The French National Assembly has approved legislation to combat Islamist extremism in the country whilst some circles have criticized the bill as “a continuation of Islamophobia”. The bill will go to the Senate next month for final approval.
The bill was approved with 347 votes in favour, 151 against, and 65 abstentions. It was proposed following the killing of the school teacher Samuel Paty – who was beheaded by an Islamist fanatic in October 2020 – and presented to parliament on the 115th anniversary of the law that enshrined the separation of state and religion in France.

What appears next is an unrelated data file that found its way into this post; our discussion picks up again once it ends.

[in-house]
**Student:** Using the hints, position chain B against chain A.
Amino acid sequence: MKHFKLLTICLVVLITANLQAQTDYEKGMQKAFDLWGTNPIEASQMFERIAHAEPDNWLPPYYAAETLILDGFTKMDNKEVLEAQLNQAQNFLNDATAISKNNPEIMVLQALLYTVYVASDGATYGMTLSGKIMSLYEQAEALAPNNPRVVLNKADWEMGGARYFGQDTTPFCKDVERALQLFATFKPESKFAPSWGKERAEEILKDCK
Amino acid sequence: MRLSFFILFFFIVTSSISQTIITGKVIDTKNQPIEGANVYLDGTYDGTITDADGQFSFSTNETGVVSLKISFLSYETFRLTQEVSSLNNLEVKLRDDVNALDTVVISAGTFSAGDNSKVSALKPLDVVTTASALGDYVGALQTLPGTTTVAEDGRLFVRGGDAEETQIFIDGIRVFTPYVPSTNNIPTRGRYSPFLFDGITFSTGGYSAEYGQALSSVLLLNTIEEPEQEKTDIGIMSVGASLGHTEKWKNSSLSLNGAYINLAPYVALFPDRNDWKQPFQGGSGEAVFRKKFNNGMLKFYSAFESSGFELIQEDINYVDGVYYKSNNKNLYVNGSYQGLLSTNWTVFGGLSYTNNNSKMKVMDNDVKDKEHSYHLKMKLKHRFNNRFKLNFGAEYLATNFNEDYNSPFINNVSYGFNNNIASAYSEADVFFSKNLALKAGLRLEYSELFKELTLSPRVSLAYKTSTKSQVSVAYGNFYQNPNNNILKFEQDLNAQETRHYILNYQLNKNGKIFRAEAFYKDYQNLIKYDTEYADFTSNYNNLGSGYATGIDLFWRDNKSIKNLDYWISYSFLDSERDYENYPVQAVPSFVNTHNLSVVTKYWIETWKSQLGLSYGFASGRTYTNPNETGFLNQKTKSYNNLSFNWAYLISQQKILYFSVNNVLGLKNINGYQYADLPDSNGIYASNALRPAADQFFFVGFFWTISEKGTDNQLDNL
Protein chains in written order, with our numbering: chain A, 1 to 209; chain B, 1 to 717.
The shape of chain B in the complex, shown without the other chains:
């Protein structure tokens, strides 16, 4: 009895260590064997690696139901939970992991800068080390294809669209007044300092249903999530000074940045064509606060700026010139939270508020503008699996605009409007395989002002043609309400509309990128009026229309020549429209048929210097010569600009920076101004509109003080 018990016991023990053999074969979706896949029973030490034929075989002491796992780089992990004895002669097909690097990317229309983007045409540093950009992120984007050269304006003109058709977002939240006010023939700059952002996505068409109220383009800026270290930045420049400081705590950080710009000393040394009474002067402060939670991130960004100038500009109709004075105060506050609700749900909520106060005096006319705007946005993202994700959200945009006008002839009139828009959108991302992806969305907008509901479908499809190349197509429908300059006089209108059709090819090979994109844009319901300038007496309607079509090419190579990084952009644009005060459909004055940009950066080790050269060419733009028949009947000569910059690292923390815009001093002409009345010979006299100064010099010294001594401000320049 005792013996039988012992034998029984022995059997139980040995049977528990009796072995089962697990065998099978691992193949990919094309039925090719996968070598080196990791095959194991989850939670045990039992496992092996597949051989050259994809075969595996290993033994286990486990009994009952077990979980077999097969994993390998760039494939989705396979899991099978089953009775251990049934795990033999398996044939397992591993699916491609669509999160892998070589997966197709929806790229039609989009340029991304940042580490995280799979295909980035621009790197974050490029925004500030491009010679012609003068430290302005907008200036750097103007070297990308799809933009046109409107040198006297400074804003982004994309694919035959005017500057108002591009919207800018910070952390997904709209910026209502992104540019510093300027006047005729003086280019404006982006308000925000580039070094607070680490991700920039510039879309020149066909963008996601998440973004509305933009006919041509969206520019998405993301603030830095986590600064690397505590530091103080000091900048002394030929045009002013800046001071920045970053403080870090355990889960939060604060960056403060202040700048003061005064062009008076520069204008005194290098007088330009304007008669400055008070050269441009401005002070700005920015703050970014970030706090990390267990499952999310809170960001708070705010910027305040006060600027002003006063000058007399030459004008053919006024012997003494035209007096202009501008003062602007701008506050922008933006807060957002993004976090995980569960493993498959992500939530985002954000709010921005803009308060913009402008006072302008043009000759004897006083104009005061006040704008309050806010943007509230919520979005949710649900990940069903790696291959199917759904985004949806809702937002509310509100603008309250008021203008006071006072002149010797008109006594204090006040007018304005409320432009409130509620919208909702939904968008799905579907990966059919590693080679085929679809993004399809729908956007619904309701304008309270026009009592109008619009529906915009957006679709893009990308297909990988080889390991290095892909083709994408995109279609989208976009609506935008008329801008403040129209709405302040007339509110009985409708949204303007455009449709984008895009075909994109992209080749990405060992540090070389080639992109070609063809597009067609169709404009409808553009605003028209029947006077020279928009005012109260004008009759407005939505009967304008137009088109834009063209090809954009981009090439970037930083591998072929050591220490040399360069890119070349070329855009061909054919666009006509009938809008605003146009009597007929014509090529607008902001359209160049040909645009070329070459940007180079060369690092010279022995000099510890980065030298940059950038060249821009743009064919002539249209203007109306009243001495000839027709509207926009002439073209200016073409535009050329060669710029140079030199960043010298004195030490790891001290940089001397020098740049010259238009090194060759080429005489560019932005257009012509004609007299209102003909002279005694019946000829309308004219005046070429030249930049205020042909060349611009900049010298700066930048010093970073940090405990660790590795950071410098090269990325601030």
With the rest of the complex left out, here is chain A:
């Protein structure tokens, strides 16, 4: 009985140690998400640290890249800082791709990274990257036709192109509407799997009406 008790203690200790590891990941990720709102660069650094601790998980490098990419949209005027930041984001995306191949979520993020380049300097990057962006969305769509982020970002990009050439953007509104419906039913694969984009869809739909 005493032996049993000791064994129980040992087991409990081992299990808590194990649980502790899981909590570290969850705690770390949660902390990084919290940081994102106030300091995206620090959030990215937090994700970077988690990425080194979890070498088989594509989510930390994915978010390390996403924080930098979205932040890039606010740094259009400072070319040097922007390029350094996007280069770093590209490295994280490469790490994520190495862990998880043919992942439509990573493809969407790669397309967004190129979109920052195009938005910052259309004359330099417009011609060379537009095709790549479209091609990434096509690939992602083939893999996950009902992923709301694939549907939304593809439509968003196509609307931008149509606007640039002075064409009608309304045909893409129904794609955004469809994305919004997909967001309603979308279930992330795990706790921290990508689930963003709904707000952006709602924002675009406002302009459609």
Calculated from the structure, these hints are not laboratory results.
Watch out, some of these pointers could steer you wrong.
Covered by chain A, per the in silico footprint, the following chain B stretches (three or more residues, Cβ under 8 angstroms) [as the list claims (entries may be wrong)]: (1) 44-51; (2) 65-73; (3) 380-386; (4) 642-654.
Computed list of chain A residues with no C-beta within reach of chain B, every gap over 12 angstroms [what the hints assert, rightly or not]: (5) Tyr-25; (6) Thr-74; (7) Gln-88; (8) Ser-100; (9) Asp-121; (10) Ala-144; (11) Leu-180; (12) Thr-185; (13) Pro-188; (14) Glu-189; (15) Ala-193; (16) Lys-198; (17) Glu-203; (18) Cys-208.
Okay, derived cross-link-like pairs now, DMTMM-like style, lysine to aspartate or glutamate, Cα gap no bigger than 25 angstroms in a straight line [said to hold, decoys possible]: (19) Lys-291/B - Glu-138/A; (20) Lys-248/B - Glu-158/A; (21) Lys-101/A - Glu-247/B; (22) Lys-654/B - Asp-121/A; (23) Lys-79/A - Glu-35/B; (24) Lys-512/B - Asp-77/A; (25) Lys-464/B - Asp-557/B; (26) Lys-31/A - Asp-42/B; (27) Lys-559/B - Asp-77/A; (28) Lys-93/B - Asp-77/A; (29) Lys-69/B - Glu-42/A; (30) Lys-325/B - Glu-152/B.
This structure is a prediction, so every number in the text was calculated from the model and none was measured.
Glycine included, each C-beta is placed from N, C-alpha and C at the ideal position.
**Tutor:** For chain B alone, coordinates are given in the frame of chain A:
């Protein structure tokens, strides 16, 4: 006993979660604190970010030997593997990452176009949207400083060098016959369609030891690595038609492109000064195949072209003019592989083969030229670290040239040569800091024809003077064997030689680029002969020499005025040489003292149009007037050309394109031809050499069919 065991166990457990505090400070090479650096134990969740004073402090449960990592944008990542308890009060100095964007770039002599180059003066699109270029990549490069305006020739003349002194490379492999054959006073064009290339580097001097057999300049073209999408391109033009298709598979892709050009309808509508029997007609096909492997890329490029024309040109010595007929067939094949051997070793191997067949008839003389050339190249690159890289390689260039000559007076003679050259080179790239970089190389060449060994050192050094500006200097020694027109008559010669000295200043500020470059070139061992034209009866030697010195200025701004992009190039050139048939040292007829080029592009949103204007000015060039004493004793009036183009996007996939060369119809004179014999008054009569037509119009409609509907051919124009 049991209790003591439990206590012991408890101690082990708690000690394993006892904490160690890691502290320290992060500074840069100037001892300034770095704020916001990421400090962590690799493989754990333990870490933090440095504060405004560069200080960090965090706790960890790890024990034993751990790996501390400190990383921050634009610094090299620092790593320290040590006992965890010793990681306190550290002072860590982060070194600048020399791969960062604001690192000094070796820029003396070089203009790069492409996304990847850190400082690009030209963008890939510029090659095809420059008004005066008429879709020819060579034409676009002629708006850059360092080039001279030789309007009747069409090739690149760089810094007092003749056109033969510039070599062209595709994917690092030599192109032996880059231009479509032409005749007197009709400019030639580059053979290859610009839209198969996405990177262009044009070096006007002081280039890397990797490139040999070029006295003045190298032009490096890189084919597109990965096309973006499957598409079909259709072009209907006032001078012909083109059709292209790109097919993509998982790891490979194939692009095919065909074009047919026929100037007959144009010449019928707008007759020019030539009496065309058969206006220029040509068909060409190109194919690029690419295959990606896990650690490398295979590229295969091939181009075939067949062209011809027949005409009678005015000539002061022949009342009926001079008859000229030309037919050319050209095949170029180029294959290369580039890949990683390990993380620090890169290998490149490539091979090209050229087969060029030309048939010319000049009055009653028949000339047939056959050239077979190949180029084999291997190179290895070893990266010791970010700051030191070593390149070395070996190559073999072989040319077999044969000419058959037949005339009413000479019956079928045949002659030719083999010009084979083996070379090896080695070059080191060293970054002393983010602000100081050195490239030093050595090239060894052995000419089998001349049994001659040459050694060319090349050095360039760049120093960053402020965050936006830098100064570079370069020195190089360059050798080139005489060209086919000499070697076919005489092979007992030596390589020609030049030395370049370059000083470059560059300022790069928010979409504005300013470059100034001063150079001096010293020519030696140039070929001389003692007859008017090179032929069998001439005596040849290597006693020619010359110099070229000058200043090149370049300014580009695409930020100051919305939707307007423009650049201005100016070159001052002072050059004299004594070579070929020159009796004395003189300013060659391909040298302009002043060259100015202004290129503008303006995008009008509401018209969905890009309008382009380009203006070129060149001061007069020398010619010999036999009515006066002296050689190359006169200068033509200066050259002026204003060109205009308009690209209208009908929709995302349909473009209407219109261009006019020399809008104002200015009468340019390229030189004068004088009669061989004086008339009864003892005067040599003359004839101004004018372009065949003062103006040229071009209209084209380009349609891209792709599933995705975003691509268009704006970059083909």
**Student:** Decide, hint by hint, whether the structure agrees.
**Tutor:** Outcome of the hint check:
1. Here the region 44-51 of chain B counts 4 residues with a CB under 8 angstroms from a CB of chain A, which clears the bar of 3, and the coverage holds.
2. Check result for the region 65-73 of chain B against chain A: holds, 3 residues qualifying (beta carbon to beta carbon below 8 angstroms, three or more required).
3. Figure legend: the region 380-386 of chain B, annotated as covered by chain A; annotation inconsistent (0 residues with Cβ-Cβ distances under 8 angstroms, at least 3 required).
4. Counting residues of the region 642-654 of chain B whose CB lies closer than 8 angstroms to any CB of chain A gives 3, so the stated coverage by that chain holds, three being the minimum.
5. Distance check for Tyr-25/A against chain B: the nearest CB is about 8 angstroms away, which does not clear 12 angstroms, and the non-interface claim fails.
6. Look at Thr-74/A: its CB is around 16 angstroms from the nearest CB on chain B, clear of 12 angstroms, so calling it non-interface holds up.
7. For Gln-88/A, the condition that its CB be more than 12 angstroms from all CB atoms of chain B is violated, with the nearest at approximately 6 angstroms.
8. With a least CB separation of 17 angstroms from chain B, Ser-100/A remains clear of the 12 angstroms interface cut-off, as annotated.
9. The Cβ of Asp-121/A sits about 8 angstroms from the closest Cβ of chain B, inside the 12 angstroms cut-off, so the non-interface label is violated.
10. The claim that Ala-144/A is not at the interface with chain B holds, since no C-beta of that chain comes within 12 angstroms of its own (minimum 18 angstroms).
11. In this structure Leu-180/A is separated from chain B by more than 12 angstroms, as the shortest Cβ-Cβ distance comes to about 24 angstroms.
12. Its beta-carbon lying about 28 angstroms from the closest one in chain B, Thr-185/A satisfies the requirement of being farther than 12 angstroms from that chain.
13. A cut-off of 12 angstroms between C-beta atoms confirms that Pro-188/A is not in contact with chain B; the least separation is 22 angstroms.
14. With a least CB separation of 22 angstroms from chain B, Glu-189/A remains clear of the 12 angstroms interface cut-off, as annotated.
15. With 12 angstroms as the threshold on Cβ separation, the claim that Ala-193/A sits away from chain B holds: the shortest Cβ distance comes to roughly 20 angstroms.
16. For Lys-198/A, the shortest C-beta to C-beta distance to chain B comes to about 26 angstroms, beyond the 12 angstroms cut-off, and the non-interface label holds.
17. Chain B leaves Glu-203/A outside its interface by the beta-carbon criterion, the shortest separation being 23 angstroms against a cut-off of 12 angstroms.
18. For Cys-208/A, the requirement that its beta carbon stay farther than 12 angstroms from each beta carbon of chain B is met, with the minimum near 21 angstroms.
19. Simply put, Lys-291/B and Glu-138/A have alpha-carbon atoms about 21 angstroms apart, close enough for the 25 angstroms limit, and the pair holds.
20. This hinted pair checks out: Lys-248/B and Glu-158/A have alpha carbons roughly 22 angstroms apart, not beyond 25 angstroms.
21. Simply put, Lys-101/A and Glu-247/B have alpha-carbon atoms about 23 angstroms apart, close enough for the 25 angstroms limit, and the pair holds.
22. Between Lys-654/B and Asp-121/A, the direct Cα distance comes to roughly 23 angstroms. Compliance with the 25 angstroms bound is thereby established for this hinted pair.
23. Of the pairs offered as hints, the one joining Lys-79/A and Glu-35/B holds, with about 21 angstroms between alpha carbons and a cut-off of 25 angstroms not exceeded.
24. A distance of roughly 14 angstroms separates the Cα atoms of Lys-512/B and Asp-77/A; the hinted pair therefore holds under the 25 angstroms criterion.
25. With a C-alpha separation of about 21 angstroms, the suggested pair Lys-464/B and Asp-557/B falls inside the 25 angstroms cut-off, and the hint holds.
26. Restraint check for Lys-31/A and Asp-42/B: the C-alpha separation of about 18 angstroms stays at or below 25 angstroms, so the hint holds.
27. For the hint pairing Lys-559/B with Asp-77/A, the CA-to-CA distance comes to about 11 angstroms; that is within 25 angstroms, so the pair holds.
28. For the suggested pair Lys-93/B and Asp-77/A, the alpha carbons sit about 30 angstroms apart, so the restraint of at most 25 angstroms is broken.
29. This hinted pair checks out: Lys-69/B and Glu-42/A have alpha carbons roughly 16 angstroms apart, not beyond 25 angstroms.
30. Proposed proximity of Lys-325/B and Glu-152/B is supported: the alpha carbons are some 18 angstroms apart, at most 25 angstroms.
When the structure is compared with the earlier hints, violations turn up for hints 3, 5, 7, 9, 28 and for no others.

The bill contains 51 articles that seek to limit the avenues that may lead to ‘radicalization’. It bans the “virginity certificates”, provided by some doctors for Islamic religious marriages. Doctors would be fined and risk jail for providing virginity certificates.
The proposed law also seeks to halt the practice of polygamy and forced marriage and introduces limits on home-schooling and requires all children from three years of age to attend a regular school to protect children from indoctrination.
In order to block the transfer of funds from countries such as Turkey, Qatar or Saudi Arabia to Islamic organisations in the country, the bill proposes to ask for official declarations and certified bank accounts for donations over 10,000 Euro.